wherein the ink for inkjet recording is applied for a recording medium for inkjet recording which comprises a support containing a cellulose pulp, and one or more barrier layer disposed on at least one face of the support, and
wherein the barrier layer comprises 30% by mass or more of an inorganic pigment having a refractive index of 1.5 or more, excluding aluminum hydrate, and 10% by mass or less of an inorganic pigment having a refractive index of less than 1.5.
26: An ink media set for inkjet recording, comprising:
a recording medium for inkjet recording; and
an ink for inkjet recording, which comprises:
water;
a water-soluble organic solvent;
a water-dispersible resin;
a fluorochemical surfactant or derivative thereof; and
a coloring agent containing a pigment,
wherein the ink for inkjet recording has a surface tension of 20 mN/m to 35 mN/m at 25° C., and a viscosity of 5 mPa·s or more at 25° C., a total amount of the water-dispersible resin and the coloring agent in the ink for inkjet recording is 5% by mass to 40% by mass, and a mass ratio A/B of the water-dispersible resin A to the coloring agent B is 0.5 to 4,
wherein the ink for inkjet recording is applied for a recording medium for inkjet recording which comprises a support containing a cellulose pulp, and one or more barrier layer disposed on at least one face of the support, and
wherein the barrier layer comprises 30% by mass or more of an inorganic pigment having a refractive index of 1.5 or more, excluding aluminum hydrate, and 10% by mass or less of an inorganic pigment having a refractive index of less than 1.5,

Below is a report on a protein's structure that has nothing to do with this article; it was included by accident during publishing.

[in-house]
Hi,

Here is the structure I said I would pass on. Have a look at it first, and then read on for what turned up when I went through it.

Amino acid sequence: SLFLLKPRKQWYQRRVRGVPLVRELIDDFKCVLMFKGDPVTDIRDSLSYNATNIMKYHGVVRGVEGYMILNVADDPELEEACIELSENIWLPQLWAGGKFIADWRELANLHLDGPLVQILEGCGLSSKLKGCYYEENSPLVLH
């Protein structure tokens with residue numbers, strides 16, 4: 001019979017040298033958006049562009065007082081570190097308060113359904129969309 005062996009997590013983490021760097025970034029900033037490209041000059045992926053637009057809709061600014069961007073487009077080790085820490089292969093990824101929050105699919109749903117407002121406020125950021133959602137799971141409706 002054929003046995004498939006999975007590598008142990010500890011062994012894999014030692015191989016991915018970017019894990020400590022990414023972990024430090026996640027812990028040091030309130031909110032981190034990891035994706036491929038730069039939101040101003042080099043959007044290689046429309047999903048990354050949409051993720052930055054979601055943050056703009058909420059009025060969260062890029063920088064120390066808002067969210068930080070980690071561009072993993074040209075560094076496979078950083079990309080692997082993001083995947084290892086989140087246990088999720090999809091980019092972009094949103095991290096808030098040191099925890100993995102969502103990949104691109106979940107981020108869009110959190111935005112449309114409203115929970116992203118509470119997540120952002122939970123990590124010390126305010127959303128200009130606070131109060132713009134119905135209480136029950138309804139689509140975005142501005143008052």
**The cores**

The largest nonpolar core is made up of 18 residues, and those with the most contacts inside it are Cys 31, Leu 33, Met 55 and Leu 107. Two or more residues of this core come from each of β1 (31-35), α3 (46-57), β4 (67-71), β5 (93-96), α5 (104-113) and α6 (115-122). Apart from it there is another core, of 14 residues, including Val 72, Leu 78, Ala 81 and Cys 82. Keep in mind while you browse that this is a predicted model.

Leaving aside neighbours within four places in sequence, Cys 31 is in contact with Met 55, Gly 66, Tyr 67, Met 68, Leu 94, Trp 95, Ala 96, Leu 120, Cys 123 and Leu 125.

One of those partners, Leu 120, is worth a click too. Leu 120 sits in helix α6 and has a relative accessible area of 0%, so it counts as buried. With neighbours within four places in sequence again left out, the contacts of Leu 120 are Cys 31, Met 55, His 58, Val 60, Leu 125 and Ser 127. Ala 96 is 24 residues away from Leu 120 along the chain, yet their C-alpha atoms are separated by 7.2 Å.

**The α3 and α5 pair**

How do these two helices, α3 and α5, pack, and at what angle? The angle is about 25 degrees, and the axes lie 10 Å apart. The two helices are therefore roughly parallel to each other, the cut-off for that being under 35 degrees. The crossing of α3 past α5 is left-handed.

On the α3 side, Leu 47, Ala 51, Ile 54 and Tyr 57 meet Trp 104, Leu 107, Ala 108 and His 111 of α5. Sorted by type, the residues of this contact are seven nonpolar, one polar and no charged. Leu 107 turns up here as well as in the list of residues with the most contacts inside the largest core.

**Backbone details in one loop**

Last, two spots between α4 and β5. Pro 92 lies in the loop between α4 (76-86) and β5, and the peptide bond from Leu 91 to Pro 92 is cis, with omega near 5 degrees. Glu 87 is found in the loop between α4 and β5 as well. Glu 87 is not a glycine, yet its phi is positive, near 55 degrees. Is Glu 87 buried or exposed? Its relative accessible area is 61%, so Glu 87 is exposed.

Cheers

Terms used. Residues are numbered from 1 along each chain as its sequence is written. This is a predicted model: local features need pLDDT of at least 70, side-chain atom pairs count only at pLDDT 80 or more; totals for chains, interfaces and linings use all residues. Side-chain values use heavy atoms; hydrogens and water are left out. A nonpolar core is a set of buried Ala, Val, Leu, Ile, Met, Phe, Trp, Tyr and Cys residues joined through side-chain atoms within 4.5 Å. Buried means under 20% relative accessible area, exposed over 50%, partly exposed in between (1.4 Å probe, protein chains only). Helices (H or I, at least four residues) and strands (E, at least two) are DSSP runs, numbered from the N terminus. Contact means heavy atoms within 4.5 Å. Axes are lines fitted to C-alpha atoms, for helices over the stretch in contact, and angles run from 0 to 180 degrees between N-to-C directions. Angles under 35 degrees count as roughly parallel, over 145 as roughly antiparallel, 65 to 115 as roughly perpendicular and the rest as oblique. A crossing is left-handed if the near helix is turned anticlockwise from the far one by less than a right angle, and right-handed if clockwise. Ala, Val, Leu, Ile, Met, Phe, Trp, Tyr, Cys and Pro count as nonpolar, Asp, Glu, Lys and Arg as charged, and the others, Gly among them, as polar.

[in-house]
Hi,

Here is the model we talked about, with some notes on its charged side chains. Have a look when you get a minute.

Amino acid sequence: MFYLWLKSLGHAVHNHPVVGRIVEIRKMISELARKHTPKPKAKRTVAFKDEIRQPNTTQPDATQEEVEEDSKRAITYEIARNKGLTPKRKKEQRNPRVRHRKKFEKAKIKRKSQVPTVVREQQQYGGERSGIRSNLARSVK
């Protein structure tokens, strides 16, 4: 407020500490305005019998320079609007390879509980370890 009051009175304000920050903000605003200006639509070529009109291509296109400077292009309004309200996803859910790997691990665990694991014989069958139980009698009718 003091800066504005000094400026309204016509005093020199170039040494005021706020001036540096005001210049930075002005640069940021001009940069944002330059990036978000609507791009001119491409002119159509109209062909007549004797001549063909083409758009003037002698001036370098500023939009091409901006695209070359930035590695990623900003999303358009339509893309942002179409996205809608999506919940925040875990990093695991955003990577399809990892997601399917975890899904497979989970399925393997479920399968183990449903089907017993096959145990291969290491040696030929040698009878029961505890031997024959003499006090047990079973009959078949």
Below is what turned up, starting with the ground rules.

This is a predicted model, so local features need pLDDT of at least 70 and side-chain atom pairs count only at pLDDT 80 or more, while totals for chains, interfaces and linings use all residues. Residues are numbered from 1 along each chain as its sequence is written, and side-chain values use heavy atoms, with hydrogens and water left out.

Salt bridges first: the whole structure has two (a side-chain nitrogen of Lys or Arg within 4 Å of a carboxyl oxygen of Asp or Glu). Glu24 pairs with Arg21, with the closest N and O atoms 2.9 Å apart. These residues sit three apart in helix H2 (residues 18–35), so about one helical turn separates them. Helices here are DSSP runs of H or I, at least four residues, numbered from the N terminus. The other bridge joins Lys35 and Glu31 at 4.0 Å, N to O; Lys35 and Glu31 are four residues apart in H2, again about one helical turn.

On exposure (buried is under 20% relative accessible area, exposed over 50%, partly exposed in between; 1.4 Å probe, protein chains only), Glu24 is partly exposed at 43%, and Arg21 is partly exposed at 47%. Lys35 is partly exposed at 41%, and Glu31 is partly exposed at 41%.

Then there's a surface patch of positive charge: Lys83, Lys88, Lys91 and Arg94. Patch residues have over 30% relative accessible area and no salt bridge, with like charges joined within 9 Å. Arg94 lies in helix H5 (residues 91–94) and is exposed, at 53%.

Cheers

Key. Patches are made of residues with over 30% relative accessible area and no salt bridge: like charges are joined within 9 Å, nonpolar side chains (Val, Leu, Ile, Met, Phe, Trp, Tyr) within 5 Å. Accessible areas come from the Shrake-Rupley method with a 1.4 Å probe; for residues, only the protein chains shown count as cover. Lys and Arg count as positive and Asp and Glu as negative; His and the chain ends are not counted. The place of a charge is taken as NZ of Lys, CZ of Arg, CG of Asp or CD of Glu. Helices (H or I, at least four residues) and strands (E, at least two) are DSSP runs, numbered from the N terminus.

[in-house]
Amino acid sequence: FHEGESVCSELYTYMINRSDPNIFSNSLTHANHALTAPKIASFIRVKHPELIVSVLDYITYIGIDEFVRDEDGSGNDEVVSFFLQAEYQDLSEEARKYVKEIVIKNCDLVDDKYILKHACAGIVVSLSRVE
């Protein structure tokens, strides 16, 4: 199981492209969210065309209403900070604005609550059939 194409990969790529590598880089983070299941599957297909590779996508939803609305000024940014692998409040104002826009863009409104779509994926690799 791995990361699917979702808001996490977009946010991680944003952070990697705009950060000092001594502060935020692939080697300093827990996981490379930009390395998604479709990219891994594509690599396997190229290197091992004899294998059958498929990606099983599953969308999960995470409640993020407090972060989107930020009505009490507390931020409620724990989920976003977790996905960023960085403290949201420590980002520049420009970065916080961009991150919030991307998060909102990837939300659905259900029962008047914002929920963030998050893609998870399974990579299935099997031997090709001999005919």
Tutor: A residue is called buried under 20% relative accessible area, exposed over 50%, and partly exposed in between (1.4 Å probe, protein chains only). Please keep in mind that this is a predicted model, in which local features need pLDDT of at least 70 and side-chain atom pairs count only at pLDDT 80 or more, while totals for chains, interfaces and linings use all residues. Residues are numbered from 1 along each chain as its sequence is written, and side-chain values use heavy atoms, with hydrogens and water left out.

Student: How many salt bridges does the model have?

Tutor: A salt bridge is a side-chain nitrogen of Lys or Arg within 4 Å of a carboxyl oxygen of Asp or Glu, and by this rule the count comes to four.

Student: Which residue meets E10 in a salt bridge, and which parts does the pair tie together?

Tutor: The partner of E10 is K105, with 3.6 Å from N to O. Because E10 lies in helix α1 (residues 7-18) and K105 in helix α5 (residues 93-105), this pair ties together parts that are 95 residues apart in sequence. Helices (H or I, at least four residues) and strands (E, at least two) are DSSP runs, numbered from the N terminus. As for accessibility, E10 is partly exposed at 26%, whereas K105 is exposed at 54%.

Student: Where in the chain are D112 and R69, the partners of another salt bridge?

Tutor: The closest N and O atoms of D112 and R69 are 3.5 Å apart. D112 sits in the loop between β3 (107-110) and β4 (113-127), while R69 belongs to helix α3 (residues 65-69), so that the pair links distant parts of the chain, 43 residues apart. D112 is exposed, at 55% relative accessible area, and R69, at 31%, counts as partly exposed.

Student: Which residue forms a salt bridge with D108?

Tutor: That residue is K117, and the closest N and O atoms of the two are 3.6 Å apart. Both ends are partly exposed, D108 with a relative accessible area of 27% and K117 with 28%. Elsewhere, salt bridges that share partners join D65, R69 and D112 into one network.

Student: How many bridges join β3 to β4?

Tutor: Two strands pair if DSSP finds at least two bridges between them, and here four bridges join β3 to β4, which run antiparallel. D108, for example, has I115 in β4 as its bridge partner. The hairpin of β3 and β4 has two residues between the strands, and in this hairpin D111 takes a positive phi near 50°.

wherein the recording medium for inkjet recording contains the support containing the cellulose pulp, and the one or more barrier layer disposed on at least the one face of the support, and
wherein the barrier layer comprises 30% by mass or more of the inorganic pigment having a refractive index of 1.5 or more, excluding aluminum hydrate, and 10% by mass or less of the inorganic pigment having an refractive index of less than 1.5.
27: The ink media set for inkjet recording according to claim 26, wherein the barrier layer has a thickness of 10 μm or less.
28: The ink media set for inkjet recording according to claim 26, wherein the barrier layer has pores having a diameter of 1 μm or less, and a ratio of an area of the pores occupying in the face of the recording medium for inkjet recording is 40% or less.
29: An ink cartridge, comprising:
a container; and
an ink for inkjet recording in the container,
wherein the ink comprises:
water;
a water-soluble organic solvent;
a water-dispersible resin;
a fluorochemical surfactant or derivative thereof; and
a coloring agent containing a pigment,
wherein the ink for inkjet recording has a surface tension of 20 mN/m to 35 mN/m at 25° C., and a viscosity of 5 mPa·s or more at 25° C., a total amount of the water-dispersible resin and the coloring agent in the ink for inkjet recording is 5% by mass to 40% by mass, and a mass ratio A/B of the water-dispersible resin A to the coloring agent B is 0.5 to 4,
wherein the ink for inkjet recording is applied for a recording medium for inkjet recording which comprises a support containing a cellulose pulp, and one or more barrier layer disposed on at least one face of the support, and